Cohosts Dr. Tobin Porterfield and Bob Graham, authors of The 55 Soft Skills That Guide Employee and Organizational Success, talk about a variety of aspects of this soft skill, including:
- Letting go of micromanagement
- The idea of ownership of projects and knowing when to share a project or take it to completion ourselves
- Strategies for ensuring independence and appropriate intervention
- The tug-pf-war between independence and either delegating or drawing on others
- Independence varies by role and by supervisory style
- Where entrepreneurs can overcome inherent independence to ensure greater success
- The power of proper delegation
- How we can take monkeys and push them away to get work done
- Working with minimal supervision
- How to ensure that minimal supervision yields maximum results
- How more meetings may enable greater employee independence
Does your organization or team need help in putting soft skills to work for them? We want to help you. We do webinars and workshops, online, on the phone and in person, to help teams become more successful. If you or someone you know could use our help, contact us at email@example.com today. Or call 937-SKILLS5.
Next week, we will explore the soft skill of being able to work under pressure. Relax, we will make it easy. Look for new episodes every Wednesday.
People think that being a good multi-tasker, something research says is impossible, means you are able to manage multiple projects. Most employees need to be able to manage different projects at the same time, meeting deadlines and working with others, to be effective.
Among the many topics Cohosts Dr. Tobin Porterfield and Bob Graham cover in this important episode on an often-overlooked soft skill are:
- Differences between multi-tasking and managing multiple projects
- Why we seem to believe multi-tasking works
- Technology’s role in this soft skill
- Are we using our time more effectively?
- How to get ahead of multiple projects
- What to do when things are not being well managed
- Why looking at the Big Picture too much hurts being able to manage multiple projects.
- A real example of managing a project to ensure it can be managed with other projects
- How computers switch better than humans
- Blocking out your day to ensure projects are managed well
- More tips for ensuring you can juggle multiple projects
- The other soft skills incorporated into managing multiple projects
- Addressing the fact that things may go wrong once in a while
We will be looking at the role of storytelling. While not a soft skill, storytelling plays a huge role in being effective in a job search and in being successful in work situations.
Being responsive is a soft skill that can spark creativity, trust and innovation in teams big and small. Learn how and why in this week’s episode of Serious Soft Skills.
Cohosts Dr. Tobin Porterfield and Bob Graham explain how the soft skill of being responsive sets teams up to succeed.
Among the topics they discuss in this episode:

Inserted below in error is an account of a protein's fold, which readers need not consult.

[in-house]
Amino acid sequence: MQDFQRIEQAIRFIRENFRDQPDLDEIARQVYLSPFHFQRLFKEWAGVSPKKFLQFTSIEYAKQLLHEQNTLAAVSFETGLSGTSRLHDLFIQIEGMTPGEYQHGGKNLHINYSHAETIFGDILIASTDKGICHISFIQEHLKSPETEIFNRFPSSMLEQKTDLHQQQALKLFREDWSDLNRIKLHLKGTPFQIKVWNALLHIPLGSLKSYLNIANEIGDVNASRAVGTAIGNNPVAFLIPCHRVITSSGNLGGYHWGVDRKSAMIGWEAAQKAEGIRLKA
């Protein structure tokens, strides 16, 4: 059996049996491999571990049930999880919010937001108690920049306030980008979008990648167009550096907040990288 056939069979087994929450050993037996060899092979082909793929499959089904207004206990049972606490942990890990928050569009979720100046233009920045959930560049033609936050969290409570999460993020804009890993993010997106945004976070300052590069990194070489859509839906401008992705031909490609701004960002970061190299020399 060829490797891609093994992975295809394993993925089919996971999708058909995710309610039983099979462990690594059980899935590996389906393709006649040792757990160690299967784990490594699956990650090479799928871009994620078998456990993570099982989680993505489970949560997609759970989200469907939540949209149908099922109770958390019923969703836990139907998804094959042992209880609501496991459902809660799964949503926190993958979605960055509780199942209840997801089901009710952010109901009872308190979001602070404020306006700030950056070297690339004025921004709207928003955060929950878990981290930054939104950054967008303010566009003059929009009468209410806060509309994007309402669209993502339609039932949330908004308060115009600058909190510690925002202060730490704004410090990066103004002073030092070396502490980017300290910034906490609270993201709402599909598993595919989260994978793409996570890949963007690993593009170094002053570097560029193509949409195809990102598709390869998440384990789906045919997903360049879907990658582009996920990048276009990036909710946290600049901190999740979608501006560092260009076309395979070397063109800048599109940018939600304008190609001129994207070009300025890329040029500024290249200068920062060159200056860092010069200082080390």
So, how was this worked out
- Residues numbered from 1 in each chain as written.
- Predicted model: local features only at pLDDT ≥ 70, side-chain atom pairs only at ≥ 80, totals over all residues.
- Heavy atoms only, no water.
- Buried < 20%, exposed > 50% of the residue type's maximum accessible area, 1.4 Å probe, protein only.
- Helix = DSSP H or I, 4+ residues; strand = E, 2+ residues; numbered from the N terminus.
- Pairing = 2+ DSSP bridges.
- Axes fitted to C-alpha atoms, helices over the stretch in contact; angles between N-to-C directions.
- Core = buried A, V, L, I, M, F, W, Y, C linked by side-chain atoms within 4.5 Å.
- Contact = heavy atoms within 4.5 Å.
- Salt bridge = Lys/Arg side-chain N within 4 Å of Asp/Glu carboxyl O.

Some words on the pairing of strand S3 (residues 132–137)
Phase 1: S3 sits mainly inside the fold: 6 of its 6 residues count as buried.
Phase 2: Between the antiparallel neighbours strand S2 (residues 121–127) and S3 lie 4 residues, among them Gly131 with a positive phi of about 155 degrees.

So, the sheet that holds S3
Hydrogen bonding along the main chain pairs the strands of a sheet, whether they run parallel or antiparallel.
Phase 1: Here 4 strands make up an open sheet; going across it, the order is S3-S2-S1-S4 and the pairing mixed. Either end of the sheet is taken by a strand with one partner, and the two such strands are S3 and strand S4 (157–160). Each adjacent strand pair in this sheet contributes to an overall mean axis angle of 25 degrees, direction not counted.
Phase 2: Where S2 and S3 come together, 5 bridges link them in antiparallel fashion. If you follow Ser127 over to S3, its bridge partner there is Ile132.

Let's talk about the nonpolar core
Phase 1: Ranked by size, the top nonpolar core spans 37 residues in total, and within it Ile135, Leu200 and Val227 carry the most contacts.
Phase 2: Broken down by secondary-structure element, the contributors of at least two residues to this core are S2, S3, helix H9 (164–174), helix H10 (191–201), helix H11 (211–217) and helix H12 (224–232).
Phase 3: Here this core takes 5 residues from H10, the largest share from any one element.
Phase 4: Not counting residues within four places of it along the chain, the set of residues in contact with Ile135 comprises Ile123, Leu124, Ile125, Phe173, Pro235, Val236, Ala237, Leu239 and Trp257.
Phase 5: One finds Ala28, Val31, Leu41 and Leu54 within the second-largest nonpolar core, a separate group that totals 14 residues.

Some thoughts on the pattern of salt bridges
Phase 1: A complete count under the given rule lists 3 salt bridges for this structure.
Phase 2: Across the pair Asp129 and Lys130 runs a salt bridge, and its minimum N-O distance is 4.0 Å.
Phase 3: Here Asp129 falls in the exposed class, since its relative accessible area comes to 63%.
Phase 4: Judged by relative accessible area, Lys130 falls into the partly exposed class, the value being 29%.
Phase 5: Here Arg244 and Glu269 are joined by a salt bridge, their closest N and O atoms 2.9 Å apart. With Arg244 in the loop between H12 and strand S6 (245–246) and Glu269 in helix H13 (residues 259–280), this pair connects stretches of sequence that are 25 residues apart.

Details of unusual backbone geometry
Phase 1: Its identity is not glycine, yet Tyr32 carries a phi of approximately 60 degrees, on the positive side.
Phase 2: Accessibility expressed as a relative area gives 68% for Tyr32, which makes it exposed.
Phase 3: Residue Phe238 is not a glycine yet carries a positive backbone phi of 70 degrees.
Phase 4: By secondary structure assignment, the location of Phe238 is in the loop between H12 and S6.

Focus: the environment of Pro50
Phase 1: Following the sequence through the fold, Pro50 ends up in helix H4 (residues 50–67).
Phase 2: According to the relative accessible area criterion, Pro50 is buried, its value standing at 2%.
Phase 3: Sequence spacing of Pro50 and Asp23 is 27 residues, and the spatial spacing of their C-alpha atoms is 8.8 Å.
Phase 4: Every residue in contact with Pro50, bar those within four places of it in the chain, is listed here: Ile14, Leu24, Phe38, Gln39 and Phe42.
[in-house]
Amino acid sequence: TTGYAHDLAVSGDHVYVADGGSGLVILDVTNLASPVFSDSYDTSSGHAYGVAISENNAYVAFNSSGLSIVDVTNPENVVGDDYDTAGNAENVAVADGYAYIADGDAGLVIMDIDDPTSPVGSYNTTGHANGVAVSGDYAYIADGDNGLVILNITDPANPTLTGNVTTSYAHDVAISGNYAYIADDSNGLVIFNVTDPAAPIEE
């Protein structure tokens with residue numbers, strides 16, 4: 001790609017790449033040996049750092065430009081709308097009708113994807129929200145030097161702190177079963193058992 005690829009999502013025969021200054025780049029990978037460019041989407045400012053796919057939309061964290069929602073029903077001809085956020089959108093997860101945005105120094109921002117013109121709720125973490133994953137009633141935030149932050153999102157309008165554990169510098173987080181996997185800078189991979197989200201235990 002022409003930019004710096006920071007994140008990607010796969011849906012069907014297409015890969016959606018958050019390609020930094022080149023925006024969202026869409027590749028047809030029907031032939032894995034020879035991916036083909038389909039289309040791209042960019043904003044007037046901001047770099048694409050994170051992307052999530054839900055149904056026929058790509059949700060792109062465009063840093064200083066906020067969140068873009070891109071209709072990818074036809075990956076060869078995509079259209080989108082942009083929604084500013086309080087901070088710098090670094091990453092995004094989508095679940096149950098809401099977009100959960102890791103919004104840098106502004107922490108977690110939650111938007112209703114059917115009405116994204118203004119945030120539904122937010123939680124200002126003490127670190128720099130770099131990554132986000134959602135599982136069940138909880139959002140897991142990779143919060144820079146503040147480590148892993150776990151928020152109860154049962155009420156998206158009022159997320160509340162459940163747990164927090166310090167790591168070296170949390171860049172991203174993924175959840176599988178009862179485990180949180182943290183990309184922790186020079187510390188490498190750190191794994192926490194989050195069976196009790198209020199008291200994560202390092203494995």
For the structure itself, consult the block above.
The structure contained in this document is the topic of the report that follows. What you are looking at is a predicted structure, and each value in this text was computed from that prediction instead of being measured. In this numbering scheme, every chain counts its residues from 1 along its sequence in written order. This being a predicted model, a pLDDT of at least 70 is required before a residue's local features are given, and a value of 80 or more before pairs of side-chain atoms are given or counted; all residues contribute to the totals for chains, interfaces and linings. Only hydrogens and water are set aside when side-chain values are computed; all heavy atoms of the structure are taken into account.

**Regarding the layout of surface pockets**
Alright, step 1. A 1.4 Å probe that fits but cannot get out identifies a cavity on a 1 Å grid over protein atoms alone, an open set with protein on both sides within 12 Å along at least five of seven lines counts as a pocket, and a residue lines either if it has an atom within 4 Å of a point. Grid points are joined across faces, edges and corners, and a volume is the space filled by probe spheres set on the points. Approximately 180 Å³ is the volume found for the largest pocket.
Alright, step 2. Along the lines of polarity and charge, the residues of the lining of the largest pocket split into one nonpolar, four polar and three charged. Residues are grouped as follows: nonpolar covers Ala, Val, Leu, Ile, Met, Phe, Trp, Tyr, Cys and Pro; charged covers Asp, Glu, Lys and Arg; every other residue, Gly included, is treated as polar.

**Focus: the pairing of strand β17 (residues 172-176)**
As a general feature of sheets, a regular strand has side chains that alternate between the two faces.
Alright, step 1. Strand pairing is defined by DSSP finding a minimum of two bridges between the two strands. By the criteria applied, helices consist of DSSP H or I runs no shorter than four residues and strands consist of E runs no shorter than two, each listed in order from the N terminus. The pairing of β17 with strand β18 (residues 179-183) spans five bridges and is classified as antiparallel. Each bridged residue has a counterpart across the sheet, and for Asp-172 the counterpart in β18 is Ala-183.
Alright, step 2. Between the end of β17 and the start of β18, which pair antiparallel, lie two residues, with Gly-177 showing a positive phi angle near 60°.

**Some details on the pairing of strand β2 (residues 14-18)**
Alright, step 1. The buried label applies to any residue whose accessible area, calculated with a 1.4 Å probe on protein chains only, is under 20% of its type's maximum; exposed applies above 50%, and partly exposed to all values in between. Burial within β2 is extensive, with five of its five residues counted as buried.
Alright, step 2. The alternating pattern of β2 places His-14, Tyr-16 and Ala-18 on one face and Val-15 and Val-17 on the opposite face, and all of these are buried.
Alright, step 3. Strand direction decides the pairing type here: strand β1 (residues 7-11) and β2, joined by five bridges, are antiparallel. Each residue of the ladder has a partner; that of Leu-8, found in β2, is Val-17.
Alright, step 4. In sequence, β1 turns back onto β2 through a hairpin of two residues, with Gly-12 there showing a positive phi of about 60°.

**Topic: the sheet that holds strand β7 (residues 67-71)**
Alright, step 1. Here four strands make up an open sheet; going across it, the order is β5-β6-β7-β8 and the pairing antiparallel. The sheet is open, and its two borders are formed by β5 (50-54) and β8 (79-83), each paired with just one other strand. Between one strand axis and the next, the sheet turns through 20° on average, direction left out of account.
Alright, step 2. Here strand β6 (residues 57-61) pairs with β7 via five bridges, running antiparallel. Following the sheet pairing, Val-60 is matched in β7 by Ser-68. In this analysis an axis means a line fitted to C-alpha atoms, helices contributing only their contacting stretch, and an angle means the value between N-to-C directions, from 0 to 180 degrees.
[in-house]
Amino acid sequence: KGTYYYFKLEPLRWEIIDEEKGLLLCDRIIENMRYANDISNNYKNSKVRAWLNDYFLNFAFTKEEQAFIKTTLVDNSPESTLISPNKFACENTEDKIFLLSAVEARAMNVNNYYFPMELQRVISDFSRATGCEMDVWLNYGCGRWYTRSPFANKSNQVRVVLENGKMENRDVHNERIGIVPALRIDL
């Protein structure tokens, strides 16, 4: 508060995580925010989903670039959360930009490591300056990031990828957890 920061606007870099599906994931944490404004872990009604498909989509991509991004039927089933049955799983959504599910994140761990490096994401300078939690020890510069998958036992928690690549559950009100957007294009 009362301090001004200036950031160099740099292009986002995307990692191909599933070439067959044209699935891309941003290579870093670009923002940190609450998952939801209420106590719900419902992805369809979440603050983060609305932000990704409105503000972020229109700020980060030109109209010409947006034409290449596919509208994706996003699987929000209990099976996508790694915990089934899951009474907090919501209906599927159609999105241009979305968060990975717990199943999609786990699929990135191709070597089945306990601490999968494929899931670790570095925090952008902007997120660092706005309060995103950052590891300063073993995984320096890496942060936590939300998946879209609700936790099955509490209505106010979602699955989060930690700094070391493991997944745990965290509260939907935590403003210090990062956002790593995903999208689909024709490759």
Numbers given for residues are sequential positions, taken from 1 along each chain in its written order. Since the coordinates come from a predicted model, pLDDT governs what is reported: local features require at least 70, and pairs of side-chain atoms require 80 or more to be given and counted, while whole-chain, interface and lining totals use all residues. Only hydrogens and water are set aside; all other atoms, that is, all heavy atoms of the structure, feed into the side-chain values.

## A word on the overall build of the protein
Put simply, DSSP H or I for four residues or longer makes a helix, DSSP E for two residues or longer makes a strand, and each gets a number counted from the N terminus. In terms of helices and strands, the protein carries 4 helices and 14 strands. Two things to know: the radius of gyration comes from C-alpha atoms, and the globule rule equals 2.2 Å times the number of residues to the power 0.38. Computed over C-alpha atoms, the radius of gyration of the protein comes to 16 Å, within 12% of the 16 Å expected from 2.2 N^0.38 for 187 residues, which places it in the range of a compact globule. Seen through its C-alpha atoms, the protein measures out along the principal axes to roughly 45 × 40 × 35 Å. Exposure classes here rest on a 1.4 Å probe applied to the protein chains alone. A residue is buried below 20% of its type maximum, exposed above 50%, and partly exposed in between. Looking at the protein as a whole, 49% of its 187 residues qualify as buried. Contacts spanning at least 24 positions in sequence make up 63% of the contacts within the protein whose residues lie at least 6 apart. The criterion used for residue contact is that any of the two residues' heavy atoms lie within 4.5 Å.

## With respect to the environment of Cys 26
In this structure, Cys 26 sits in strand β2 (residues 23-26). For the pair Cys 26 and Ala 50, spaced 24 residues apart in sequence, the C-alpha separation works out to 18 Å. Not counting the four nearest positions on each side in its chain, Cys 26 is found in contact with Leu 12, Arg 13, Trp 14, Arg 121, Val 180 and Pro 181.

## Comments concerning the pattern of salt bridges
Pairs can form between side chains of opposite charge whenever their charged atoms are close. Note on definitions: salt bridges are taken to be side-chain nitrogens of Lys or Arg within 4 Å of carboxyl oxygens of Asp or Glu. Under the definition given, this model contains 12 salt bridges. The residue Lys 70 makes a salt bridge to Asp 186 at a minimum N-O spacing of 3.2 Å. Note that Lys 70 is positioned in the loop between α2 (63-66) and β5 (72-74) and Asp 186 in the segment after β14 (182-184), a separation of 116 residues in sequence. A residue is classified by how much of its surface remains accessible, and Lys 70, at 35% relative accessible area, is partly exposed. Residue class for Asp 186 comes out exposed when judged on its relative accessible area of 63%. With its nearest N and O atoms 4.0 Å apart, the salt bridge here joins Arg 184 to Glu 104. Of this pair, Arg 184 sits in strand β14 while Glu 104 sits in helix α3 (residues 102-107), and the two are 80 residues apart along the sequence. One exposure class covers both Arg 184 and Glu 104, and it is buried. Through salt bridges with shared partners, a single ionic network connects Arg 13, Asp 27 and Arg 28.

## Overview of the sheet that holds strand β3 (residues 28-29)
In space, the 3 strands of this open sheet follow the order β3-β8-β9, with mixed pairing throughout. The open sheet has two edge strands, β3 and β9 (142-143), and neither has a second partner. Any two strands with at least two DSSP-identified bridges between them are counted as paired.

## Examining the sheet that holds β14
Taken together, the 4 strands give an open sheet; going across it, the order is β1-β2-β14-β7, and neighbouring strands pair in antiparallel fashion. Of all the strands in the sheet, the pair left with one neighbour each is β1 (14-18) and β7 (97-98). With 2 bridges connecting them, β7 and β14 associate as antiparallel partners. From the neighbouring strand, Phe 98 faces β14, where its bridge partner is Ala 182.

- Being responsive from a supply chain perspective
- How the best responses are complete, accurate and timely answers
- Realistic responses and how they improve our work experience
- When emails actually hurt, not help, responsiveness
- How being unresponsive can hurt teams and careers
- Why being responsive is a core issue for any successful employee
- Getting back quickly isn’t enough. It’s the value of the response.
- Phone calls and face-to-face meetings accelerate responsiveness
We will dig into another of the 55 soft skills or how to apply one of them to help you in your career.
Our latest Serious Soft Skills Podcast looks at how paying attention to details can help an individual, the team and the organization. But unfortunately, most of us struggle with this important soft skill. Learn why it matters and how to do it better in this episode of Serious Soft Skills.
Cohosts Dr. Tobin Porterfield and Bob Graham explore the many important benefits of paying attention to details.
Among the topics they cover:
- Who benefits from our attention to detail
- What happens when we don’t pay attention to details
- How to pay attention to details more effectively
- Eight hints for better paying attention to details
The Serious Soft Skills Podcast will explain how complying with standards makes the soft skills list.
Co-hosts Dr. Tobin Porterfield and Bob Graham talk about setting goals and prioritizing, which together make an important soft skills for managers, leaders and any employee.
Setting goals, as in organizing and prioritizing your work, is critical for team success. To make sure everyone is working toward the same overall goal, we need to assign tasks. Those tasks have to be completed on time or else others will be waiting.
Among the topics they address:
- Examples of where setting goals and prioritizing are critical to achieving results.
- How most of us have deadlines each day, week or month.
- Why these goals have to be in sync
- Tips for setting goals
- Being SMART
We can set our own priorities in a day, evaluating what needs to be done, what others might need from us, what we need from others. The best employees are updating their priorities as situations change throughout the day. They don’t write a list in pen, but rather in pencil, with an eraser.
Good leaders and managers set realistic priorities and goals for their staff, ideally with their consent and buy-in. Rather than telling people what to do, they work with people to align personal and organizational goals to be the same. This shared vision can be powerful, especially when things go wrong. And they will.
No matter how much we prioritize, things go wrong. How we deal with it — by readjusting — can make or break us and our organizations.